Wednesday, August 18, 2010

How To Write A Fiction Book / Novel In 6 Months

By: Marcus Twyman
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OK, this is by no means a rule book, it's simply a guide...a way to help those that have problems starting a book and writing it to completion.

Writing a Novel is a major project that demands dedication and discipline. The thought of writing three hundred plus pages can seem very daunting to most, which is why I don't think about how many pages my novel is going to be while writing. I write, I don't focus on an end target, I focus on getting the best possible story out onto the digital pages of my laptop and then I move forward from there.

Here's a quick breakdown of my writing process, this may not work for you or it may help you the same way that it helps me.

First, I take my journal and I write a basic non-detailed listing of events that I want to take place in the book. For example, my book, Khet Chronicles: Blood Ties aka The Nebu Khet's Cry, was sequenced via short remarks like, “Kalin has a dream about his deceased family> Kalin wakes up, senses enemy in home> Meets with Shane> Meets Krysia> Attends meeting; it's a trap> Saru saves them and kills ancient> etc, etc...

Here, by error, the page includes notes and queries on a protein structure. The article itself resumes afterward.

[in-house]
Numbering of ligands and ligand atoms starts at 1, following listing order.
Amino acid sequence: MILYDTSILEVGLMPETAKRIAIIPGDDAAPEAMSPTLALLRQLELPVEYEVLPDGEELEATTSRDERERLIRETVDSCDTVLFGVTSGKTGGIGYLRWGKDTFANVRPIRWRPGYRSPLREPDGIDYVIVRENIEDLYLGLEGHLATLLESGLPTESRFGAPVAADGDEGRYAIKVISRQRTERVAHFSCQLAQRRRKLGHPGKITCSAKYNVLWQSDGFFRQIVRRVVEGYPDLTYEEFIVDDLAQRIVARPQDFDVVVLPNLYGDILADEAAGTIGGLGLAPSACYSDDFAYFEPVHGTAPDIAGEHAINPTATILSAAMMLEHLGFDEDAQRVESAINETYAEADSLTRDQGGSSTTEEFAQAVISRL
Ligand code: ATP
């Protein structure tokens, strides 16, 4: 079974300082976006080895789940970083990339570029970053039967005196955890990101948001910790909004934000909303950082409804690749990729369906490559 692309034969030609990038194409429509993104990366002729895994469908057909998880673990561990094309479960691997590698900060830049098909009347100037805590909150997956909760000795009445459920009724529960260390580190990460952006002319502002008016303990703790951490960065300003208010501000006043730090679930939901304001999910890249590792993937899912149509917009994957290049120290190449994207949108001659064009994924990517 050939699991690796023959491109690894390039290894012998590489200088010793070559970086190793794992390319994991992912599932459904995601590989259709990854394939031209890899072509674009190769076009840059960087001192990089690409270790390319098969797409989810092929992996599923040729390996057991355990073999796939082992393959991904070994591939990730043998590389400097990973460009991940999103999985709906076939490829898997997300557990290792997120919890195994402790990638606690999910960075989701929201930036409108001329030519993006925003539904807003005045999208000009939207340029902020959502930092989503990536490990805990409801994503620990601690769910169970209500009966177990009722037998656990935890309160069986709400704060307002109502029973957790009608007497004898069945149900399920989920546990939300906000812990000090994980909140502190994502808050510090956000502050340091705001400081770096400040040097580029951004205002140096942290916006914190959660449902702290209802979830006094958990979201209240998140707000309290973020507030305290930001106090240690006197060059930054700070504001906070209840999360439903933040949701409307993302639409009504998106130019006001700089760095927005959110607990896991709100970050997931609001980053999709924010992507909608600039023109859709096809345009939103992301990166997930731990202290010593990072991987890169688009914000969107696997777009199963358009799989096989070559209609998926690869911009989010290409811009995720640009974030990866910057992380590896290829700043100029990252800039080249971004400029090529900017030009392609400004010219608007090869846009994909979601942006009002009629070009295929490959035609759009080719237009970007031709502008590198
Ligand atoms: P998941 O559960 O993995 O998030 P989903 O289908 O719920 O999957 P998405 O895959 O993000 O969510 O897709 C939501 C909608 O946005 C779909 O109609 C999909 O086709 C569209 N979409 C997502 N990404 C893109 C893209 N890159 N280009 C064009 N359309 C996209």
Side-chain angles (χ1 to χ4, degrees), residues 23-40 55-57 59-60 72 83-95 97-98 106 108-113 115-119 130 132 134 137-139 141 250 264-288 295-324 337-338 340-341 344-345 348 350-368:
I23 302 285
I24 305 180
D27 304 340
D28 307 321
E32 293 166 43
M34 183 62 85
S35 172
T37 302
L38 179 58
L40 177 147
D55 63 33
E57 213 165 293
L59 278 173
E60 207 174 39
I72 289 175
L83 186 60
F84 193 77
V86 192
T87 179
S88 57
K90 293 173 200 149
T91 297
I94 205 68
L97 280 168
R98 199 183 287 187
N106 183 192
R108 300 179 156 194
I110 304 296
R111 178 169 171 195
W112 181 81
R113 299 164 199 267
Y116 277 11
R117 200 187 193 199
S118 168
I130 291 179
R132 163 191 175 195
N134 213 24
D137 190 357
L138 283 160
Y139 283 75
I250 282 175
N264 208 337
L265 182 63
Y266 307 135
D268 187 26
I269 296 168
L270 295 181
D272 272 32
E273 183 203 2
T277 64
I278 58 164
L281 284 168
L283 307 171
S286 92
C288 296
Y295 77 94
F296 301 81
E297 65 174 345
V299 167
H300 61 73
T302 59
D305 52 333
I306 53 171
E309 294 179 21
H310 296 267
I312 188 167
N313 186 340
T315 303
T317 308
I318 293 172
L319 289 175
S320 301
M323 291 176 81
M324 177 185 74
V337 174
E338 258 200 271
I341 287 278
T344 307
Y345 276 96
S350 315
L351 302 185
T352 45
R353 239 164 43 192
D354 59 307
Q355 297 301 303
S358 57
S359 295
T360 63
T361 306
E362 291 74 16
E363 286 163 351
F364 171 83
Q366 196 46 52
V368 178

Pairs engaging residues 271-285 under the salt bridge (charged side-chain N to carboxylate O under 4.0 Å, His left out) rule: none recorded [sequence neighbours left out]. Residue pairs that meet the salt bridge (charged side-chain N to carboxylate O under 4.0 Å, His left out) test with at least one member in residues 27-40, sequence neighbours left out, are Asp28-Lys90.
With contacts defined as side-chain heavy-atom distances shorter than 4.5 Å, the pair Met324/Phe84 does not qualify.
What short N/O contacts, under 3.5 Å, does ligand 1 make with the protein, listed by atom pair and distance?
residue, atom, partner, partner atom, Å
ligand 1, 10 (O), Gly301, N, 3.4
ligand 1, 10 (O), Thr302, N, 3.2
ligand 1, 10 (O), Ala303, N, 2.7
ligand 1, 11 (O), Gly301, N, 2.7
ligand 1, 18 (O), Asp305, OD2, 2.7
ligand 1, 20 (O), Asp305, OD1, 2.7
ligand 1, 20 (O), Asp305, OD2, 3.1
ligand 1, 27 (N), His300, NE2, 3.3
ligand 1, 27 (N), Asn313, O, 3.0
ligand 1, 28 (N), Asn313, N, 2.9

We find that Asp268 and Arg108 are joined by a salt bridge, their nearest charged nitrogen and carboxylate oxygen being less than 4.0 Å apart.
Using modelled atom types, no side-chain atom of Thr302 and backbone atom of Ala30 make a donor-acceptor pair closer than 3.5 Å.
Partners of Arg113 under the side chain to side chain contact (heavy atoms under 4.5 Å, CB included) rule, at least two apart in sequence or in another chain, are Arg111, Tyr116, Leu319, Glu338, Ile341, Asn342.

By placing a sequence of events on paper I ensure that I don't get off track while writing. You want to steer clear of rambling and unnecessary narrative that can take place when a writer is not focused.

Next I sit down at the computer and I start typing. I don't re-read what I write, I don't over analyze the dialogue that my characters use. I just write and focus on getting my main scenes down on paper as well as reaching a set number of words or chapters per day.

Once I finish with my first draft—which I consider the skeleton of the story—and all required scenes are present, I go back and start reading it from the beginning, typing more details where needed and filling out storylines and character descriptions, etc. I add the “meat” of the novel at this stage.

Once I've finished filling the story in and giving it substance, I go back and start line editing it. Then after the line edit, I start reading the story again after a week of letting my brain rest so that I can edit out any unnecessary parts and add others that may give the story more structure.

Once I've completed the main edit, I print a copy of my story and let a TRUSTED source read over it so that they can write recommendations and dislikes on the hard copy. This gives me a different, fresh perspective on the novel. I may or may not take into consideration what this reader says, but it enables me to understand how people who aren't biased towards the story will react to reading it.

After any edits are done that the beta reader remarked on or asked for, I go back for a final read through fixing last minute punctuation issues and overall creating a nicely polished finished product.

That's pretty much it...that's my process. Like stated earlier, this may or may not work for you. Good luck on your writing and please let me know if you have any questions.

Best Regards,

Marcus Twyman
Twitter: NebuKhet

Tags: fiction novel, writing a manuscript, urban fantasy, science fiction, scifi, syfy, general fiction, book writing, editing a book, manuscript editing, writing tips, nebu khet, sidhe, fae, fey, faery, fairy, unseelie, seelie, vampires, dragons, werewolves

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